What to do when the mnemonics just don't stick?

How do you deal with mnemonics that just don’t stick?

I’ve been on Wanikani for years but I’m still only level 22. This year I’ve finally got a decent study routine going but I seem to just get overwhelmed by the vocab reviews.

I do two review sessions a day - morning and night. They take me about 30-40 minutes each. On top of that I try to learn 12-15 new items a day. If my reviews start to drop below 80%, I’ll pause the new lessons.

Lately I’ve been getting bogged down in an endless loop of wrong answers. My percentage is dropping down into the 60% range and it’s blowing my study time out to 2-3 hours a day. It’s really starting to burn me out.

How do I make these words stick?

One thing I struggle with are mnemonics that just use the kanji meanings. These are much harder for me to remember. eg. 批判, 義務, 比例 etc.

Also, perhaps I’m not doing my lessons properly? I’ll read through the lesson and spend maybe 30 second on each entry. I don’t bother with the example readings because the grammar is always above my level. How does everyone else do their lessons?

Anyway, I’d love to get some fresh ideas on how to make this work. I’ve given myself to the end of the year to get to level 30. If I can’t get there, I’m gonna call it quits because the lack of progress is really starting to do my head in.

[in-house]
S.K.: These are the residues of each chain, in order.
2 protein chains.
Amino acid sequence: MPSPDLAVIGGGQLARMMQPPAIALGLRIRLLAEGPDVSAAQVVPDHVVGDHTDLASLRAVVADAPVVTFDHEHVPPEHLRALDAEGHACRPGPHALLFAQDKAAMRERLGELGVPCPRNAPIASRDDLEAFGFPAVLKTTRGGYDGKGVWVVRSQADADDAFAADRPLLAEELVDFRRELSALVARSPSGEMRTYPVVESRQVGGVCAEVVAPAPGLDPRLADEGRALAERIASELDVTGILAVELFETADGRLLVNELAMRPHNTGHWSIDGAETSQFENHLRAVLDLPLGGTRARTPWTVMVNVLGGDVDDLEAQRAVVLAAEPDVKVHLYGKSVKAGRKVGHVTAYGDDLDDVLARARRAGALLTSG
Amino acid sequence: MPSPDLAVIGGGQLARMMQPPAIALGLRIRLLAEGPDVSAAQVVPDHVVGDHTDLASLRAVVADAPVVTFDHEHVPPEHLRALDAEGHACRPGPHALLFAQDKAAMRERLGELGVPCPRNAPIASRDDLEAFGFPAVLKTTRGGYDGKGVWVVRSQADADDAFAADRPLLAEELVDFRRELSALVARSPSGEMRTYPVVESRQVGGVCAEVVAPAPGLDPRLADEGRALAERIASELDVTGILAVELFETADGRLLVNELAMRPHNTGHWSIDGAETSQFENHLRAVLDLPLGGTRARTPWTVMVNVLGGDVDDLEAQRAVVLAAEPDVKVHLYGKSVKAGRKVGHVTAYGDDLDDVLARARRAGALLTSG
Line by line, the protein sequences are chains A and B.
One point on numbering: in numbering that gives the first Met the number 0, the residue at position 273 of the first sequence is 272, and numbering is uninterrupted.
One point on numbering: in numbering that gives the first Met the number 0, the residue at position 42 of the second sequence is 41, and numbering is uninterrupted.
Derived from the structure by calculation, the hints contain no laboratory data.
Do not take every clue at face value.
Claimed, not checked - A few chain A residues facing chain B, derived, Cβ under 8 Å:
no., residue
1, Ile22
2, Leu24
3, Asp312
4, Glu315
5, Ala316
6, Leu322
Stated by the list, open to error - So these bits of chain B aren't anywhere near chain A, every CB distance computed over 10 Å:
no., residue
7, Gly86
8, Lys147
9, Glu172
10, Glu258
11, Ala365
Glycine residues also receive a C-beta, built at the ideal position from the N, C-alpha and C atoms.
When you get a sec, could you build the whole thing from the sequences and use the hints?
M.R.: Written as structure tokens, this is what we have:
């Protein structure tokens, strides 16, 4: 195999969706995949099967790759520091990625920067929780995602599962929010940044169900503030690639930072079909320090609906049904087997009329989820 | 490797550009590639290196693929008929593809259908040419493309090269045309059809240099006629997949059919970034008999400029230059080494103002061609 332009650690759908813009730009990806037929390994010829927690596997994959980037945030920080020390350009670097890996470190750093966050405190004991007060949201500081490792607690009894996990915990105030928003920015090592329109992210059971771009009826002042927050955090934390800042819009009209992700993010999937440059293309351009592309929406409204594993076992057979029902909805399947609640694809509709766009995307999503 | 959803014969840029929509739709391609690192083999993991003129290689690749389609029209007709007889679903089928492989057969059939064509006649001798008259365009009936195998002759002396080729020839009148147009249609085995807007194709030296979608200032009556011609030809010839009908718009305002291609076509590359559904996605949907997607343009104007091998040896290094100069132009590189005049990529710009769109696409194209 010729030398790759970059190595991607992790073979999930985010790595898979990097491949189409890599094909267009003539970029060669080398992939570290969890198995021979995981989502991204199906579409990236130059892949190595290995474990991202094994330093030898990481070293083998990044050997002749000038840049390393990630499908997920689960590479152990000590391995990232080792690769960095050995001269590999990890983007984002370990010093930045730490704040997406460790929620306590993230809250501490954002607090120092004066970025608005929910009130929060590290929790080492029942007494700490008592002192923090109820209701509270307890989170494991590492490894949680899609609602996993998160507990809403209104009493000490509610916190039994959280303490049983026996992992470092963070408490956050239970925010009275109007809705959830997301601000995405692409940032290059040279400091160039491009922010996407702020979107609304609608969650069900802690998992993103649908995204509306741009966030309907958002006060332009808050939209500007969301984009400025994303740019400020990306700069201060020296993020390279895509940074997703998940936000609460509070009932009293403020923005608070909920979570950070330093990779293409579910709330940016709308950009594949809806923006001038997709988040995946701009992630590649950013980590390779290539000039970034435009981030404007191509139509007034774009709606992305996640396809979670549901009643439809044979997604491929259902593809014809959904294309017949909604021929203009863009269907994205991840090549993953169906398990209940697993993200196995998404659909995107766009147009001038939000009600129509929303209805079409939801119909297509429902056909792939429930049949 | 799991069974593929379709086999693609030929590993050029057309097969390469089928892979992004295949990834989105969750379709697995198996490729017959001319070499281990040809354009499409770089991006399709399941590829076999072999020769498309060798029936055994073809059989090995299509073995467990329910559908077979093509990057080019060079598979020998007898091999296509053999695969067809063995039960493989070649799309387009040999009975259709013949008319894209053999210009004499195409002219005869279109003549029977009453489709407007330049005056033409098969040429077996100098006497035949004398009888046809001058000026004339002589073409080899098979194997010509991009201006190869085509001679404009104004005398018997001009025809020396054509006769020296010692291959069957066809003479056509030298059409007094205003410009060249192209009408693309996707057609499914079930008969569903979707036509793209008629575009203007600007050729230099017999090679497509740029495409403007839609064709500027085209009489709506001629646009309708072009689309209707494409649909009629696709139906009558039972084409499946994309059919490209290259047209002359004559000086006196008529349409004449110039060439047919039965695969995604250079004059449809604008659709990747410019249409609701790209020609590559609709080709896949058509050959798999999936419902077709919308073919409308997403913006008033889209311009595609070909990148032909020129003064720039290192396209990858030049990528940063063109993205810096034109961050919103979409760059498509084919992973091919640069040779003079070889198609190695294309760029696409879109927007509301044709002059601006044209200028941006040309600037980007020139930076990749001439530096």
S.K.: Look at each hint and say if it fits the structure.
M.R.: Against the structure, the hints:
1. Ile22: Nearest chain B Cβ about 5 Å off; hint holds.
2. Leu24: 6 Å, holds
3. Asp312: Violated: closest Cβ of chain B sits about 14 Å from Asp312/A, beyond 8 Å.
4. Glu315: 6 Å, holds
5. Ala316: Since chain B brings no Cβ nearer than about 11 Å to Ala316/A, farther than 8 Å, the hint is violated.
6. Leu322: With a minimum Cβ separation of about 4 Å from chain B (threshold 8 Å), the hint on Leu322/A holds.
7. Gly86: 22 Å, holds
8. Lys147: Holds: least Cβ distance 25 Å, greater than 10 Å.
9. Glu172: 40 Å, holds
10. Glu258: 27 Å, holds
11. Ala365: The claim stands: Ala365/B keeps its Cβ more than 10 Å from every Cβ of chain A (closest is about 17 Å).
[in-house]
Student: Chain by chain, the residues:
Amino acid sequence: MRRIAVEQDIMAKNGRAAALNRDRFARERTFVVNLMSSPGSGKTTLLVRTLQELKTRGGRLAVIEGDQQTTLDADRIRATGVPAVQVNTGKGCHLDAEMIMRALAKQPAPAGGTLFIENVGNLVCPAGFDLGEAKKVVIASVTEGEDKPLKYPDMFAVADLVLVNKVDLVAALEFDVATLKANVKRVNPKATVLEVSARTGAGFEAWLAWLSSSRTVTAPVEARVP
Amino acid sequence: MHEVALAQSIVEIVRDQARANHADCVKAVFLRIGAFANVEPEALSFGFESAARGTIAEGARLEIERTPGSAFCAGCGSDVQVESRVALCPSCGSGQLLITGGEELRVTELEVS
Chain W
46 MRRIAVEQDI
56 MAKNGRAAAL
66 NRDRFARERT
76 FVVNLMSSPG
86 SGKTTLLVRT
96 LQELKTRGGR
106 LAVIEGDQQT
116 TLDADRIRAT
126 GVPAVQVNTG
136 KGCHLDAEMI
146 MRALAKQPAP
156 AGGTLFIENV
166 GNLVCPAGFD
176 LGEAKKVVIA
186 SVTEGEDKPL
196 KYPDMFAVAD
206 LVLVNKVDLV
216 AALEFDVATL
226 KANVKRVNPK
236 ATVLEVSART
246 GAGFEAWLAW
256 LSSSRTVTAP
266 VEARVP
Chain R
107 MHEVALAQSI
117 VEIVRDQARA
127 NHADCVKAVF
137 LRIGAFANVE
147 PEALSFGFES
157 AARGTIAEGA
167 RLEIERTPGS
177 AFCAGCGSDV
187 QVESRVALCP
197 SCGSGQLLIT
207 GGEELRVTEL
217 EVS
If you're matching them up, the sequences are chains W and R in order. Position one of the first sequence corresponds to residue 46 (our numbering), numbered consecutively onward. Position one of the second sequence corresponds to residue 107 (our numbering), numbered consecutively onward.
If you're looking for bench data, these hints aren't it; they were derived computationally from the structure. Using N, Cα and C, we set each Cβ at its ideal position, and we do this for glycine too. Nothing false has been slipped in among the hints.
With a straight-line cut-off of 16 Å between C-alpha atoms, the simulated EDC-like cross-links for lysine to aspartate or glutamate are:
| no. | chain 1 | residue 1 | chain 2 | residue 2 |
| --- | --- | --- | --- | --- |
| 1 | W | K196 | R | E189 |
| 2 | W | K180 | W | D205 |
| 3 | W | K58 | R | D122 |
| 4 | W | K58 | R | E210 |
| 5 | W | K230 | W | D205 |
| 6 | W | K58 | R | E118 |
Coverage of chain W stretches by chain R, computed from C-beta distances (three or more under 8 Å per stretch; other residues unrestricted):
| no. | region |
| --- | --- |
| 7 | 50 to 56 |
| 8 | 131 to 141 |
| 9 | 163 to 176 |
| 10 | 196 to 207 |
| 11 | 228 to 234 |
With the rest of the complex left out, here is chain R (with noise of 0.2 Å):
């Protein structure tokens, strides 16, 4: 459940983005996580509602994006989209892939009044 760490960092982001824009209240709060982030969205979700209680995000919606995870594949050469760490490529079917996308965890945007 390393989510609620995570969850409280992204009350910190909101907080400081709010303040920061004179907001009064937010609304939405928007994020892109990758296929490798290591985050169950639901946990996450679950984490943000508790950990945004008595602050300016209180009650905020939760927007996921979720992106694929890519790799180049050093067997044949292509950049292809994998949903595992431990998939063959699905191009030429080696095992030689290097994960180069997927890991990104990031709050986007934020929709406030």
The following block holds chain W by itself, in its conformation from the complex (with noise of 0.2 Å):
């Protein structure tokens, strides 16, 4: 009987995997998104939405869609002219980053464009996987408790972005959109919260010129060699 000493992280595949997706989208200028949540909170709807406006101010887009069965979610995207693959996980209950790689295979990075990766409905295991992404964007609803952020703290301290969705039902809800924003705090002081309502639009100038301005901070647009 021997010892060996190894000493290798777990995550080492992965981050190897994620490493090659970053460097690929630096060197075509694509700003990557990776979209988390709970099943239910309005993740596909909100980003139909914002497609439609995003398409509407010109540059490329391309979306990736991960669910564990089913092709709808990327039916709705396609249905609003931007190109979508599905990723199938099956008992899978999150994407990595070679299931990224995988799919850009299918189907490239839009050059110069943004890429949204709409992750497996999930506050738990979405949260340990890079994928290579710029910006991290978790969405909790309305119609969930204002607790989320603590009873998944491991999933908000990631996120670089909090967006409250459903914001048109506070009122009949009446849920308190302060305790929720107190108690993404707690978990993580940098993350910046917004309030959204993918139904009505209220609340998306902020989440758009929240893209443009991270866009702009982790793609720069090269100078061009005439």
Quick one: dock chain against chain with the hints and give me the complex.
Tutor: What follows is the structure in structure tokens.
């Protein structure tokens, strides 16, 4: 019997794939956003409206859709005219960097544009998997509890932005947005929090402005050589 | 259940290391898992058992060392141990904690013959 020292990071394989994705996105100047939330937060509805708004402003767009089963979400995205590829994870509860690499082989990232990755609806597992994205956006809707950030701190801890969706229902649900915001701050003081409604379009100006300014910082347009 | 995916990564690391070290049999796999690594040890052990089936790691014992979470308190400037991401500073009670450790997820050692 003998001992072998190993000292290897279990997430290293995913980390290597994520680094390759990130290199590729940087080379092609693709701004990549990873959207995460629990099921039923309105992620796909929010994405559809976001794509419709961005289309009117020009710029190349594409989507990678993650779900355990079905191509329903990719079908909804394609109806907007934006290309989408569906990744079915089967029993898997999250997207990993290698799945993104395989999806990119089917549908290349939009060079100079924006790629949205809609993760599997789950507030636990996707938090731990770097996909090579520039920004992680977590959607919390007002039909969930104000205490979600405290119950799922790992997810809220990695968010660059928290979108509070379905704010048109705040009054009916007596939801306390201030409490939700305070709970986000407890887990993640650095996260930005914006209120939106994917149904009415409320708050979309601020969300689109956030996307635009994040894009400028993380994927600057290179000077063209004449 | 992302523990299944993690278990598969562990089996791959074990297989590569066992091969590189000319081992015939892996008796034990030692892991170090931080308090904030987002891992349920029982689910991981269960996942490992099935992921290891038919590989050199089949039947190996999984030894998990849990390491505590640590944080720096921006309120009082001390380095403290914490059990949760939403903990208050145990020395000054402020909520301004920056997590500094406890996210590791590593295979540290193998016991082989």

3 Likes

I personally review them until they start to stick naturally. I don’t rely much on mnemonics too much. Because while reading something, mnemonics are really slowing me down. So after doing one or two reviews with using mnemonics, I answer directly which pops in to my mind without using mnemonic. After a few cycles of sleep review sleep review, one day it just sticks. And it sticks better than other items. Overall, getting a decent sleep is the key for me.

5 Likes

I think the vocab mnemonics are much less useful than the kanji mnemonics, so you’re not alone.
Most of the time I really need to see a word out in the wild, in context, to remember it properly. I sometimes spent months struggling to remember certain items, but then I hear them in a song or an anime dialogue once and they stick forever.

So I would say try reading example sentences (it can be outside of WK, and especially short and snappy sentences might be helpful), and consume Japanese content to see the words in context. It really helps me make them stick.

20 Likes

Quite often I don’t understand the grammar in the example sentences either, but I force myself to try and read them anyway, even if I’m only sounding them out. I still don’t understand most of them but I find myself more able to pick out common conjugations and infer the meaning of some words from the translation, which I couldn’t do at the start and I find that quite motivating. It does make things take longer, but it’s worth it imo.

2 Likes